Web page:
Lake Taupo Huka XL 2016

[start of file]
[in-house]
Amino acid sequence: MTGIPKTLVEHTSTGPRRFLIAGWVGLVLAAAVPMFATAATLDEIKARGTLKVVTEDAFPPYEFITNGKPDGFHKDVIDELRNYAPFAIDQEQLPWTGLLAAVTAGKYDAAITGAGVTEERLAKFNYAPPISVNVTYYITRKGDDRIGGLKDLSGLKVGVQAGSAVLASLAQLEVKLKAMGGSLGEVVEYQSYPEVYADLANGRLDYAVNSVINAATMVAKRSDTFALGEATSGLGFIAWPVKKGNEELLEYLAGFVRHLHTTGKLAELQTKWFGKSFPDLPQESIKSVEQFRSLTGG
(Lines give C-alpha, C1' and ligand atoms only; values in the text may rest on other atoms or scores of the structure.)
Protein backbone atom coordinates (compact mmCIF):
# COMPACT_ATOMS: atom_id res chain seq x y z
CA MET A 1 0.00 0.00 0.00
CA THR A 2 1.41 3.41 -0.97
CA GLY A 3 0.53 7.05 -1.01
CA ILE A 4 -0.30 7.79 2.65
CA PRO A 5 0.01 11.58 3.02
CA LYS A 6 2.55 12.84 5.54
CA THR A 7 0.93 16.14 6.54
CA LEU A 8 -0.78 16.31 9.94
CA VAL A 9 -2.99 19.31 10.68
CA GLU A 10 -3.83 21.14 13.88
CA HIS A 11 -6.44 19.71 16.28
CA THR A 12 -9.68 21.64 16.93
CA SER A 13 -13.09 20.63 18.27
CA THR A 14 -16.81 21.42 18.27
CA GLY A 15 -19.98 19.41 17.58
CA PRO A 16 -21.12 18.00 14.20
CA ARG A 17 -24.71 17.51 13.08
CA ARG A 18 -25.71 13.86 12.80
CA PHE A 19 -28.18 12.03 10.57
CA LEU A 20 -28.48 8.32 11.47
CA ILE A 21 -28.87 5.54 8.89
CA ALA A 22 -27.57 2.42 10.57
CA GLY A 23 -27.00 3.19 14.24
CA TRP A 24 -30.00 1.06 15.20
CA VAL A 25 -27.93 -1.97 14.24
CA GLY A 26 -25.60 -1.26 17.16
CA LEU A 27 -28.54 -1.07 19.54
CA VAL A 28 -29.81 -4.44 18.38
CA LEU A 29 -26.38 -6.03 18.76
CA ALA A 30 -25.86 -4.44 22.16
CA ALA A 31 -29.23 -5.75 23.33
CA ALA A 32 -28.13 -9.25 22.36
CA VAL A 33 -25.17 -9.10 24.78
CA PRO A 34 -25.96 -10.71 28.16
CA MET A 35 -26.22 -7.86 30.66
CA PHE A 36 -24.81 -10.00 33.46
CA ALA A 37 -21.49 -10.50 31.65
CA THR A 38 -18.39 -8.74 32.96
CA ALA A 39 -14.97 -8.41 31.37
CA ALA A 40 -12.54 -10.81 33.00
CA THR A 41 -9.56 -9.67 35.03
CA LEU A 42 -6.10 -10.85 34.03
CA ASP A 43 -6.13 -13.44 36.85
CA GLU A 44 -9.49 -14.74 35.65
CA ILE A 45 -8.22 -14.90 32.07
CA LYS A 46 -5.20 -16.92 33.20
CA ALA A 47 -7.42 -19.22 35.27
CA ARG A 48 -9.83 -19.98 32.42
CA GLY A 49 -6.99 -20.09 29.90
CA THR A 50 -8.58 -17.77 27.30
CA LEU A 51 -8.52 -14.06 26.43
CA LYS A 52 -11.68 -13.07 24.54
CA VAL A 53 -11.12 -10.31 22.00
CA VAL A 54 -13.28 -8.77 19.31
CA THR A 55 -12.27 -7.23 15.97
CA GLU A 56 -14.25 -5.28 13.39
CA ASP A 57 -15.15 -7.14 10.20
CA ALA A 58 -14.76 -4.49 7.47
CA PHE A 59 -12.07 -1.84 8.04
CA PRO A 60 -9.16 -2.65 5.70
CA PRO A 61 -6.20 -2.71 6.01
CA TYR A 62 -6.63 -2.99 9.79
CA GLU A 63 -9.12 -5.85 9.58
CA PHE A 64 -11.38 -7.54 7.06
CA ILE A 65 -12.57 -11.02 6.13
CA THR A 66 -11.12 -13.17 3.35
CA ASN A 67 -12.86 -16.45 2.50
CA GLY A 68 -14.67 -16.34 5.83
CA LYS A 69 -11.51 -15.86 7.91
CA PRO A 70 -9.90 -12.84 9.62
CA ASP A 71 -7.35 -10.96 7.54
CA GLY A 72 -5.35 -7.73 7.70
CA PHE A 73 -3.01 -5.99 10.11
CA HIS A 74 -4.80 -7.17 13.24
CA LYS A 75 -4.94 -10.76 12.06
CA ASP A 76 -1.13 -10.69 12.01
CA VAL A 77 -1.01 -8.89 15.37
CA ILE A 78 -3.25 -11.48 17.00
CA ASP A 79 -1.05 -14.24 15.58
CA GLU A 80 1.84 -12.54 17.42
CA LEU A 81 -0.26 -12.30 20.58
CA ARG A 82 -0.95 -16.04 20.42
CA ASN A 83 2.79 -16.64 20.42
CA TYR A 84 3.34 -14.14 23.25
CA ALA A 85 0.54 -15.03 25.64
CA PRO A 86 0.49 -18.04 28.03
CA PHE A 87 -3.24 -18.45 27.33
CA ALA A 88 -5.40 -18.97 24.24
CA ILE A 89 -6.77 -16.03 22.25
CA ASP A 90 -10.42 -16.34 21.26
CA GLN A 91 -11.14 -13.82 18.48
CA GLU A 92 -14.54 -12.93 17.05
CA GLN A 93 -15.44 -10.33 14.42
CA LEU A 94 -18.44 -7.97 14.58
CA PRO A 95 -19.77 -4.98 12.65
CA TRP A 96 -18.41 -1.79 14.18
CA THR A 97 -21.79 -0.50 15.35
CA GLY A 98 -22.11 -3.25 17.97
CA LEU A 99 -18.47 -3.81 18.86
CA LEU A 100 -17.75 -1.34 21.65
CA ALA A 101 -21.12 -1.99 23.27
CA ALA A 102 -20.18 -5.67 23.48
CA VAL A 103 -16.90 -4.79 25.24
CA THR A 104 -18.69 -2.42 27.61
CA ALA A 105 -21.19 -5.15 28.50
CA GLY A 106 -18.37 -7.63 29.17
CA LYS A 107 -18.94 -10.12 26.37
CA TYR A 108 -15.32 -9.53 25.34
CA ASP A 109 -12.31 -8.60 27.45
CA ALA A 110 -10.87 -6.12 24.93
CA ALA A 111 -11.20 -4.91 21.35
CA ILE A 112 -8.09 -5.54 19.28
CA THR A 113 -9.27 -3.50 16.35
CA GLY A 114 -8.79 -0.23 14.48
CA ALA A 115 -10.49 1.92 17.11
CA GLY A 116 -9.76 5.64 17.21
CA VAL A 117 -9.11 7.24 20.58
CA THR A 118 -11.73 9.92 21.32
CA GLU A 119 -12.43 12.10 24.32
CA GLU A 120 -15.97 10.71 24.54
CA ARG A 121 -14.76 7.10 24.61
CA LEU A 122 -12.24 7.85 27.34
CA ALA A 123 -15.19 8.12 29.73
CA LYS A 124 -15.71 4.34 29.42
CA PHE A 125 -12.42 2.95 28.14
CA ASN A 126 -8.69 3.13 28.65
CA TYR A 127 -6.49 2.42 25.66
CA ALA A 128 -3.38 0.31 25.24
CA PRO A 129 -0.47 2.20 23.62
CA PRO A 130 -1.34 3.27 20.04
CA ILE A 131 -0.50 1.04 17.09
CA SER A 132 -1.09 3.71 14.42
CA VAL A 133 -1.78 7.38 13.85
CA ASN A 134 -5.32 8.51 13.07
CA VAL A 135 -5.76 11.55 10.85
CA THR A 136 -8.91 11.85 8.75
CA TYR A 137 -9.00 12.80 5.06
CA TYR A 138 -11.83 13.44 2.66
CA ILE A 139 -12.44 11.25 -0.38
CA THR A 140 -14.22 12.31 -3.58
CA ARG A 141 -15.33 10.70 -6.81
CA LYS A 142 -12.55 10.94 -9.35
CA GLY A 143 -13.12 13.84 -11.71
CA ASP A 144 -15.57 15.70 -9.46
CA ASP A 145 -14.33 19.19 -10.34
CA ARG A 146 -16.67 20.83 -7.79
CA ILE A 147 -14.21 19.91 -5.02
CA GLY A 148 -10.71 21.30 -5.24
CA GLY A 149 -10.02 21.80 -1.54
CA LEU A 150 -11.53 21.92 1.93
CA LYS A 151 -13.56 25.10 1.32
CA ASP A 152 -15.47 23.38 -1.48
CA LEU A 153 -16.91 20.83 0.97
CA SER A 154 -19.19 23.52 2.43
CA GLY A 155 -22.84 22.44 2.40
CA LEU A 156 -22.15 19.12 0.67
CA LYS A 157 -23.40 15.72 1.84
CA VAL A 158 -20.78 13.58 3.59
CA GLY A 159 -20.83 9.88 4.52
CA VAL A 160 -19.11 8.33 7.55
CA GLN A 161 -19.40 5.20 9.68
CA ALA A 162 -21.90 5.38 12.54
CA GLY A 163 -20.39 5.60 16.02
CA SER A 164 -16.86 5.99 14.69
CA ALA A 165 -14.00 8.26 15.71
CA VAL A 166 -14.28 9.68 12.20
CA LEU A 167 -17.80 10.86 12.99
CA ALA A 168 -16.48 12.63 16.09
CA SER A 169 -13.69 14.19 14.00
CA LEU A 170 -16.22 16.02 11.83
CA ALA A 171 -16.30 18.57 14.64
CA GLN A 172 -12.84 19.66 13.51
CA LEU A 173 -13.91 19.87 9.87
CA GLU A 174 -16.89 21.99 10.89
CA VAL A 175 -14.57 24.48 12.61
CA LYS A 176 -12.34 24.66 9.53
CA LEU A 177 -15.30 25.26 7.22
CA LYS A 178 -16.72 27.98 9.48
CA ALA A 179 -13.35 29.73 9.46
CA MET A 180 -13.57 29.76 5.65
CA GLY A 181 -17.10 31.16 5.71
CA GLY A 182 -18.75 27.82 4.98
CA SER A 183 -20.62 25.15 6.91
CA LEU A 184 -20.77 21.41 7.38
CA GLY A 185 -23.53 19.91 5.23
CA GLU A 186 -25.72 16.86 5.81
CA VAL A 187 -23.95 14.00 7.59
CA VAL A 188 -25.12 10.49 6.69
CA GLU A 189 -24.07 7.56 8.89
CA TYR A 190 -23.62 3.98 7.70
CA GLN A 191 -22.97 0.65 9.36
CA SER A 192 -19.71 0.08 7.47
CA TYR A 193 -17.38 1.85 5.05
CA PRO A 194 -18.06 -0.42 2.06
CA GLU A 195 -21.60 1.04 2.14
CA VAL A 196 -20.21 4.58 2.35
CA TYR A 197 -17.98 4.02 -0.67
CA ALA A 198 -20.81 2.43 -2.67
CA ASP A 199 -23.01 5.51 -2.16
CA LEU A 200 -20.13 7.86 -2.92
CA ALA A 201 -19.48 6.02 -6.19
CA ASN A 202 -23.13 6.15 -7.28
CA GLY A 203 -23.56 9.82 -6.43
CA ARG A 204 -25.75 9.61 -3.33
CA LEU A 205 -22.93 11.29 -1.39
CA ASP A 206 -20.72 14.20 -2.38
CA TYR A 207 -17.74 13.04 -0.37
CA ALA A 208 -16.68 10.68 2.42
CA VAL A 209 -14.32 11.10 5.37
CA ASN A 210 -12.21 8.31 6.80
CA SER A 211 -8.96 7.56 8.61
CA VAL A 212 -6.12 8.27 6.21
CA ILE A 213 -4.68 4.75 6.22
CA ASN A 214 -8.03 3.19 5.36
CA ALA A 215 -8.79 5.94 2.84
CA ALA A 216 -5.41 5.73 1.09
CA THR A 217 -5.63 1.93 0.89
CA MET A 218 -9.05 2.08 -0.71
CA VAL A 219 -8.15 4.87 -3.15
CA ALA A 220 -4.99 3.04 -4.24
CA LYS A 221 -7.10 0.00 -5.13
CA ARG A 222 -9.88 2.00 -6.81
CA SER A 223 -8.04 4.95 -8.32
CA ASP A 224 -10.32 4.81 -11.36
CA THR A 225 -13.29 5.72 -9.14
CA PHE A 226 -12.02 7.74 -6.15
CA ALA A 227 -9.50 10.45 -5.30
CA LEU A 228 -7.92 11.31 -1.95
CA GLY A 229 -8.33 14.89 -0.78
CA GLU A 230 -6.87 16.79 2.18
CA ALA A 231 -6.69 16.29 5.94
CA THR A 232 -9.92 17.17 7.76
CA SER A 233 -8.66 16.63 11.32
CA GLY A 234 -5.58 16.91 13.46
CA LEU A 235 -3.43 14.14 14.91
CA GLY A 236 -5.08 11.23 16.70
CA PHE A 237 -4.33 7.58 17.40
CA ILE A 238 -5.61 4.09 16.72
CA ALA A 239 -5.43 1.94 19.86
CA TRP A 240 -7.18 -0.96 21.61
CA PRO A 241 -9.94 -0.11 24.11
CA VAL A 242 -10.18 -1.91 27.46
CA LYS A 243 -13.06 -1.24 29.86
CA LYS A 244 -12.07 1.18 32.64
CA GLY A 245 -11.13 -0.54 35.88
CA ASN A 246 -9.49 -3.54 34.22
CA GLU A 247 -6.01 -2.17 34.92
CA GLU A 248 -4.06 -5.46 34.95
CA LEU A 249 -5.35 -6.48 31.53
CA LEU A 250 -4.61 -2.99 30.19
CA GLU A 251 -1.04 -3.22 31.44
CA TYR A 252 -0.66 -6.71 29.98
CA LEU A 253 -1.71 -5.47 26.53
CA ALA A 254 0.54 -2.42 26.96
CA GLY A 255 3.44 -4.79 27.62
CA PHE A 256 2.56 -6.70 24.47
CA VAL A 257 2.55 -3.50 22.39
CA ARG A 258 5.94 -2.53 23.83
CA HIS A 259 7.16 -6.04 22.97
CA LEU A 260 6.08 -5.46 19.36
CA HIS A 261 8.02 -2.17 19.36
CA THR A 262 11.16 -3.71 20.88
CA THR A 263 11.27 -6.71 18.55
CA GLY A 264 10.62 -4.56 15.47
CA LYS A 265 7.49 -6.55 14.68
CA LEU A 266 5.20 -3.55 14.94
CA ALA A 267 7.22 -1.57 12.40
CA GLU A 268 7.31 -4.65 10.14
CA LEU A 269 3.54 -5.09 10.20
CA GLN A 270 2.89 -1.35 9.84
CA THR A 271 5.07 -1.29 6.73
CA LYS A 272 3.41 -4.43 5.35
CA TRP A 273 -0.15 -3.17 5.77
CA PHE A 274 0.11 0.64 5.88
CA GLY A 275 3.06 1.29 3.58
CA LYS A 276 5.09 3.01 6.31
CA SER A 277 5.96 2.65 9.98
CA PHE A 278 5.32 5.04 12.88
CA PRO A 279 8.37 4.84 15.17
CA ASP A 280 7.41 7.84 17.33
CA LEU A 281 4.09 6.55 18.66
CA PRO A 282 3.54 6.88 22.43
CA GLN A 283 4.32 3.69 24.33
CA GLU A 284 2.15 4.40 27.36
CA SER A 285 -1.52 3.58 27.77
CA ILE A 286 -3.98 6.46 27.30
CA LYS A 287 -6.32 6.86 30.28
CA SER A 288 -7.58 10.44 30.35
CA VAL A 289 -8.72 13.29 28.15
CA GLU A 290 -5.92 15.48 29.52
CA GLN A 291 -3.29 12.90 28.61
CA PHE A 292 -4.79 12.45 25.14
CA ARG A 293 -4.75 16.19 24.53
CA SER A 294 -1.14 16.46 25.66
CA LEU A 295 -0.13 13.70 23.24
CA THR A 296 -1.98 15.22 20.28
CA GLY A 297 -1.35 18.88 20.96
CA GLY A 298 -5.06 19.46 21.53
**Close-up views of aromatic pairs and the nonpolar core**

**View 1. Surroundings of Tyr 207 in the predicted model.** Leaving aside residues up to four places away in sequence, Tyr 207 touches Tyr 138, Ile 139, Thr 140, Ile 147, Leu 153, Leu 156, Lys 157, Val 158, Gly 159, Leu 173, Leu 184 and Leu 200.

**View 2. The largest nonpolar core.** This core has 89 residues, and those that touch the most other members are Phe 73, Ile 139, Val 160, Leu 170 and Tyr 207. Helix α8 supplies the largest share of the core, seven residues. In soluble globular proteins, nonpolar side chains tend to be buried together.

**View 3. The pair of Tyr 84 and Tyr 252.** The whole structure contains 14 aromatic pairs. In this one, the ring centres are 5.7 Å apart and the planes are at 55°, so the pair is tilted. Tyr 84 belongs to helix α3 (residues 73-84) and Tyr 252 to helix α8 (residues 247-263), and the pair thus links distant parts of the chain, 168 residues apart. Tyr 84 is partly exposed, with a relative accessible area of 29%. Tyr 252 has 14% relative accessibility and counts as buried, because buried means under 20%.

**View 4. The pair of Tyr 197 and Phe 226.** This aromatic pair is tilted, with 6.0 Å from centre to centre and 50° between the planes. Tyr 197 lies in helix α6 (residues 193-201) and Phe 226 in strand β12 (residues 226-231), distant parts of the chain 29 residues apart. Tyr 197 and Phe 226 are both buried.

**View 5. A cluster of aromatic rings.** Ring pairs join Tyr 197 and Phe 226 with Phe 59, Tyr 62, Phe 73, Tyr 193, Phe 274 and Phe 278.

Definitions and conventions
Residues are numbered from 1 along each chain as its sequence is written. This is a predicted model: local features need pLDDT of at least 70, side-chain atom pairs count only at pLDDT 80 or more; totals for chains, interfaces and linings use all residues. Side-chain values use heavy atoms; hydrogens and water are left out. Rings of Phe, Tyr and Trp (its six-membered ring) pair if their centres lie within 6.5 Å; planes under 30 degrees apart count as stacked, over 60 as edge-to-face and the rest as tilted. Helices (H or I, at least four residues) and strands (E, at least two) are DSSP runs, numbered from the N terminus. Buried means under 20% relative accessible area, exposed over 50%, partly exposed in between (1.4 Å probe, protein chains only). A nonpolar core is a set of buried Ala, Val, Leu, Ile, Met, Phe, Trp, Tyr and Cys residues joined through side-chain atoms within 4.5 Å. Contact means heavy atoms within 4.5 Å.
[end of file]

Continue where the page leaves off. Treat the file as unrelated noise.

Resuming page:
After being inspired by Sam Gaze’s effort in the criterium on Friday night I was ready to go Saturday morning for the 2016 Huka XL. I had never done this race before, however I knew the trails and was aiming for a top 8 after seeing the super stacked entry list. I found myself warming up at 7:30 AM on a crisp morning in Taupo for a 4 hour bike race. Just another day at the office. 8:00 AM ticked over and as it did the Elite Mountainbike field rolled out. After a sluggish start off of the start line at Whaka 100 a month prior I was not ready for Henry Jaine’s attack right from the start. Edwin Crossling and I worked to close it down over the first few kilometres but eventually we found ourselves on the wrong side of the race tape and had to slow down to cross back onto the race course. I was relatively confident I knew the riders that were going to be battling for the top 7 places. Around about 10km into the 85km race Henry Jaine, Edwin Crossling and Sam Shaw had slipped away from the chase pack. The chase pack composed of Neil Martin, Gareth Cannon and myself. The 3 of us had no interest in catching the big hitters in the front positions but we were more concerned about riders catching us from behind. After working together along the river trails past the Huka Falls and the Prawn Farm we found ourselves being caught by the third group. Fortunately, Gareth was onto it. I flicked up a few gears, took a few risky lines and found that the two of us had skipped away and were now battling for fourth and fifth. I was focused on conserving energy and watching for Gareth’s strengths and weaknesses. We both knew that there was no point riding solo with 40 kilometres to go, so although we attacked each other we were sure stay together. Gareth and I continued to blast around the Craters of the Moon MTB forest with Neil hot on our heels, only 30 to 60 seconds behind us. I was lucky enough to have Joe Sutton out on course handing me bottles and giving me information around time splits. After Gareth and I shook Neil at around 60km we found ourselves at the bottom of the dreaded grinder trail. Meanwhile five minutes ahead Sam Shaw was still chasing down Henry and Edwin and couldn’t quite bridge the gap. As Gareth and I started on the dreaded climb we wound our way around a few corners, before discovering a washout bank. I was on Gareth’s wheel at this point. He hit the washout and his bike went down the bank without him. I came around the corner and locked up the breaks to avoid the carnage, but ended up going over the bars and landed upside down dangling down the bank. Once I had realised what had happened and climbed back up the bank Gareth had gone. I jumped on my bike and set off after him. I worked out he had a 10 second gap which grew to nearly 20 by the time I had adjusted my shifter back into the correct position. I knew he was the stronger climber and would continue to pull the gap out, even up to a minute. If I didn’t do anything this could be the last I see of him. However, on the other hand if I wasted too much energy now trying to chase down his attack on the steepest climb in the forest I would surely blow up later and suffer all the way to the finish line. I decided to work on closing the gap but not entirely. By the time we reached the top of the hill I had pulled it back to 10 seconds and soon closed it right up over the next few decents and pinches. Within 20 minutes I found myself receiving another bottle from Joe and noticed that Gareth had issues receiving his bottle. I saw this as an opportunity to attack and repay the favour to Gareth when he attacked after our crash a little earlier. I stood up and began the onslaught of the climb. However it was a common hill for XCO races and Gareth being an XCO rider knew the fastest lines up. After missing the first rock garden on accident and taking the B line I found Gareth had pulled a 20 second gap back to zero. I sat up, had something to eat and drink and planned where I was going to make my next move. I knew we still had around an hour of racing to go and I figured that if it came to a sprint Gareth would clean me up. I found myself leading the him through the trail ‘State Highway Fun’ which is a bumpy trail but still pretty high speed. After 5 minutes of resting I attacked once again. This time Gareth was unable to get the power through the pedals with the rough terrain. I continued to push from there through the rest of the ‘Craters of the Moon’ park, getting glimpses of Gareth as the trail would zig zag around the pine trees. Edwin and Henry were still locked together in a dual around 10 minutes ahead and Sam Shaw in third was still slogging on around 5 minutes ahead. I continued to open a gap over Gareth and when I hit the trail leading back towards Taupo in the last 10km my determination and adrenaline took over. I pushed on as I was worried about getting caught. Edwin crossed the line in first with Henry right on his wheel with a time of 3:49:08. Seven minutes later Sam finished with a time of 3:56:06. I rolled over the line at 4:00:52 having pulled 5 minutes over Gareth, which was unexpected. I was absolutely stoked with my result of 4th place with some big names in the race. The next major race is the Rotorua 8. Until then I will be trying my luck at Nduro Events Summer Cup in Palmerston North, Tokoroa, and Rotorua.